Thursday, August 21, 2014
Inquirer Daily News

How to find a job for a princess

I just learned that the college I attended will soon cost $70,000 a year. That means a degree will be nearly $300,000. How in the world could I possibly afford to get my daughter into alma mater?

How to find a job for a princess

I just learned that the college I attended will soon cost $70,000 a year. That means a degree will be nearly $300,000. How in the world could I possibly afford to get my daughter into alma mater?

I’d always believed that a parent’s job is to put the kid through college, no matter what. But after divorce and a crippling recession, I don’t have anywhere near the money needed. Am I letting the Little Girl down?

My hope is scholarships. She only finished first grade, but I’m already trying to figure which subjects she shines in, and how she can parlay those into a future.

She’s great in writing and math, her teacher says. Writing really doesn’t pay all that well, I’ve learned over the decades. So how about engineering? That sounds good, but is it ethical to try to steer a child toward a particular profession? And anyway, I think she still wants to be a princess for a living. Sometimes, she talks about being a newspaper reporter like me.

I remember my parents begging me to work in advertising, to which I smugly retorted that I wouldn’t want to lie for a living. How obnoxious of me.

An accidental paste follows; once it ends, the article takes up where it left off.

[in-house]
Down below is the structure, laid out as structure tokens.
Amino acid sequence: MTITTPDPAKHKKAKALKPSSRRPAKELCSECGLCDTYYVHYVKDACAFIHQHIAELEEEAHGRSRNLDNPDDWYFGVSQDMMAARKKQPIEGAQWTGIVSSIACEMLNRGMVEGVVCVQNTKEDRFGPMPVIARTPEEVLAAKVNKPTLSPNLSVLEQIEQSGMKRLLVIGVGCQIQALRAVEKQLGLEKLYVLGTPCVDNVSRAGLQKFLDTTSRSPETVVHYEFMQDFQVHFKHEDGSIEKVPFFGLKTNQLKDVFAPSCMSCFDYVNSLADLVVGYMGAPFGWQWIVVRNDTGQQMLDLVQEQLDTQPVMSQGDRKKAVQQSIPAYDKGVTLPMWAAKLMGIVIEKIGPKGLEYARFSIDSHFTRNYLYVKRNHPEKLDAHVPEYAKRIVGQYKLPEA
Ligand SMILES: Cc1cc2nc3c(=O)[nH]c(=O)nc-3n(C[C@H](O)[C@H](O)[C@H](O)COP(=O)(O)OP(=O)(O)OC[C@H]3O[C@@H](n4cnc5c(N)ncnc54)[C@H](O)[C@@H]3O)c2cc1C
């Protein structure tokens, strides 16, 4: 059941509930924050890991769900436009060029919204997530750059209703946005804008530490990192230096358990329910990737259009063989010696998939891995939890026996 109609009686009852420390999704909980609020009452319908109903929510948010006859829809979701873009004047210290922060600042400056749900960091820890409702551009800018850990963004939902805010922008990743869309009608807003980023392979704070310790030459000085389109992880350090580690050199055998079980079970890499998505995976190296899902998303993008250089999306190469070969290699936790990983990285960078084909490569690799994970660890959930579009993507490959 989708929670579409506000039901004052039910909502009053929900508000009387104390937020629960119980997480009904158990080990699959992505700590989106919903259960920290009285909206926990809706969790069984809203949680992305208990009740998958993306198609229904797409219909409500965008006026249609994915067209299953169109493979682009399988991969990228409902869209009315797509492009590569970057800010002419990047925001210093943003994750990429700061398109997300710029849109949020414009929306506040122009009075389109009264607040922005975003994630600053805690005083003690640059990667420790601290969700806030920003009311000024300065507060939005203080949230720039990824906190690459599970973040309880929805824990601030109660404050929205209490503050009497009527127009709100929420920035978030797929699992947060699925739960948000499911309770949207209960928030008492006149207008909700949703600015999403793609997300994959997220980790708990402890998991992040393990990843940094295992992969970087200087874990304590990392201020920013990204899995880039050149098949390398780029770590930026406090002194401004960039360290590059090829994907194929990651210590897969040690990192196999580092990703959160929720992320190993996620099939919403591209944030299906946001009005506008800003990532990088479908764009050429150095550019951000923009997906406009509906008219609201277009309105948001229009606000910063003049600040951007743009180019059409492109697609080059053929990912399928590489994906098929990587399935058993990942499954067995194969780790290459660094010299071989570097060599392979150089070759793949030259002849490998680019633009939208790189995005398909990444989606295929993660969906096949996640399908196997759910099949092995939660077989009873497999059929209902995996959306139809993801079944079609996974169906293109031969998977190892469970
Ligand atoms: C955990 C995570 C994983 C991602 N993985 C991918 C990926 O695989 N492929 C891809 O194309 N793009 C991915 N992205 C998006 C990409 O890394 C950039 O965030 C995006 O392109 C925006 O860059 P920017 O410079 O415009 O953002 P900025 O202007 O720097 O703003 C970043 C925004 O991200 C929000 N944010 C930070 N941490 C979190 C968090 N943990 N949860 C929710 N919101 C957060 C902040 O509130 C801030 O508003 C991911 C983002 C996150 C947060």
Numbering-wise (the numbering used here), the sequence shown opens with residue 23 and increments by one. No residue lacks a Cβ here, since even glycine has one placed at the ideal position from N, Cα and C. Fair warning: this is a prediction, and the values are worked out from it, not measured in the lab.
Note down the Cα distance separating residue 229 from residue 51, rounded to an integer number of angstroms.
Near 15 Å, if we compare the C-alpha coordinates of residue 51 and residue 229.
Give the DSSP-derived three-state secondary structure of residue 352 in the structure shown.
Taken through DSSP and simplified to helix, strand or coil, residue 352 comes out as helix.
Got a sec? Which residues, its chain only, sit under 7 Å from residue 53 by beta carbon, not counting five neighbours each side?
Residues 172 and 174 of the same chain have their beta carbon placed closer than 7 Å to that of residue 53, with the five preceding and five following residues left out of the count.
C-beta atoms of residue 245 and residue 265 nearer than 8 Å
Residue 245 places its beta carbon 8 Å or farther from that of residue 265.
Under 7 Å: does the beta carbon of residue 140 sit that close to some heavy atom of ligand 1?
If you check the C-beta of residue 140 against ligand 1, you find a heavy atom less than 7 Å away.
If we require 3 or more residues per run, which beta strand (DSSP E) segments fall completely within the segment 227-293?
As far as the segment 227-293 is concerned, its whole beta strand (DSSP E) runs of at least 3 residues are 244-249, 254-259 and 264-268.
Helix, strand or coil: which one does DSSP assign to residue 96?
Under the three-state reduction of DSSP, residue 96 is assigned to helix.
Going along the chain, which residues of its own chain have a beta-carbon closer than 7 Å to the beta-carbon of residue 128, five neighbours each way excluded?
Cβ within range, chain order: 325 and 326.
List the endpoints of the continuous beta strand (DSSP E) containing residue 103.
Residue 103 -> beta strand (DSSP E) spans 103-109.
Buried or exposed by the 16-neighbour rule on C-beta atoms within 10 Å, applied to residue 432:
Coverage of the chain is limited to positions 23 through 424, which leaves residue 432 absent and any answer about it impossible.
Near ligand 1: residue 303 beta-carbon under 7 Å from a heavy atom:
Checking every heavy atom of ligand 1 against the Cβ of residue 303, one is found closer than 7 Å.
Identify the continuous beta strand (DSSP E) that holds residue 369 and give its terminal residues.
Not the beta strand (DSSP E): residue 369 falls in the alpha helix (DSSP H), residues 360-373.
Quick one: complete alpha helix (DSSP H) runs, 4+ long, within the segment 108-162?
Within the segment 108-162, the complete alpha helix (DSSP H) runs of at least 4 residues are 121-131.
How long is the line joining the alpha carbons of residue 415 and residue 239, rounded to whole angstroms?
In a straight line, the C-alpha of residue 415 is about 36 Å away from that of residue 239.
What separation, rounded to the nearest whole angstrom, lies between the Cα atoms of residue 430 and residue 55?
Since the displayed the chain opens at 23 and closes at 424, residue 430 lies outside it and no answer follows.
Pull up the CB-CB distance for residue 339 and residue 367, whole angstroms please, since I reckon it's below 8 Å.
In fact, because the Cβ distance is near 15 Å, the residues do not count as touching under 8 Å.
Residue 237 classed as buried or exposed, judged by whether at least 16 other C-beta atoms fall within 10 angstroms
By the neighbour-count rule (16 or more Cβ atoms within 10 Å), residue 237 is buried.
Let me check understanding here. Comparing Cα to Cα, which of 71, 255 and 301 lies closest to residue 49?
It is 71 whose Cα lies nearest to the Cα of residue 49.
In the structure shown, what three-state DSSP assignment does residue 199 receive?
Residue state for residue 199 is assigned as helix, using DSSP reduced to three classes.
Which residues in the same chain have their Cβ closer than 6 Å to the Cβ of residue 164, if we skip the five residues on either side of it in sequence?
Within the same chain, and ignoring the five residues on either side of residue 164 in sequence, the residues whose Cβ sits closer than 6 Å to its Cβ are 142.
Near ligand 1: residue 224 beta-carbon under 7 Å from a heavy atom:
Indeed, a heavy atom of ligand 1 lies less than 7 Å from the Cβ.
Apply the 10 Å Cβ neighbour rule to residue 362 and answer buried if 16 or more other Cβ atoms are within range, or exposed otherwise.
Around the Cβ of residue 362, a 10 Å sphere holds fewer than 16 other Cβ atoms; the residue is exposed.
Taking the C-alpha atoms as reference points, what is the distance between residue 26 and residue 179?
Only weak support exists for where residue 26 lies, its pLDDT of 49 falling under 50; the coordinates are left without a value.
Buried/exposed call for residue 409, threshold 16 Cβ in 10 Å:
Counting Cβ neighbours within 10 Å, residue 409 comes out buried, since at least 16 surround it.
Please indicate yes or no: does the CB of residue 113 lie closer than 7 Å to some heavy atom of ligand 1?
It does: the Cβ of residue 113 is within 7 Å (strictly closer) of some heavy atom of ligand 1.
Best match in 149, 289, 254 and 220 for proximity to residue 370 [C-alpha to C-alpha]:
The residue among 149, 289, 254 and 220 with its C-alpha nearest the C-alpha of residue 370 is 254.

I want my daughter to live her own life, but I’ve looked at all those projections about future jobs, and I can see the potential growth is in the medical and engineering fields. Writing, not so much.

Even after nearly eight years of being a parent, I’m still not used to how much you worry about a child, and how afraid you get for her future.

Sometimes, I can’t believe how hard parenting is. Or, that I actually volunteered for the gig.

Alfred Lubrano Inquirer Columnist
About this blog
A New York City native, Lubrano has written for newspapers since 1980. He's the author of a book, "Limbo: Blue-collar roots, white-collar dreams," and was a commentator for National Public Radio for 16 years. His work has appeared in various national magazines and anthologies. He lives with his daughter in South Jersey, and has worked for the Inquirer since 1995. Reach Alfred at alubrano@phillynews.com.

Alfred Lubrano Inquirer Columnist
Latest Videos:
Also on Philly.com
Stay Connected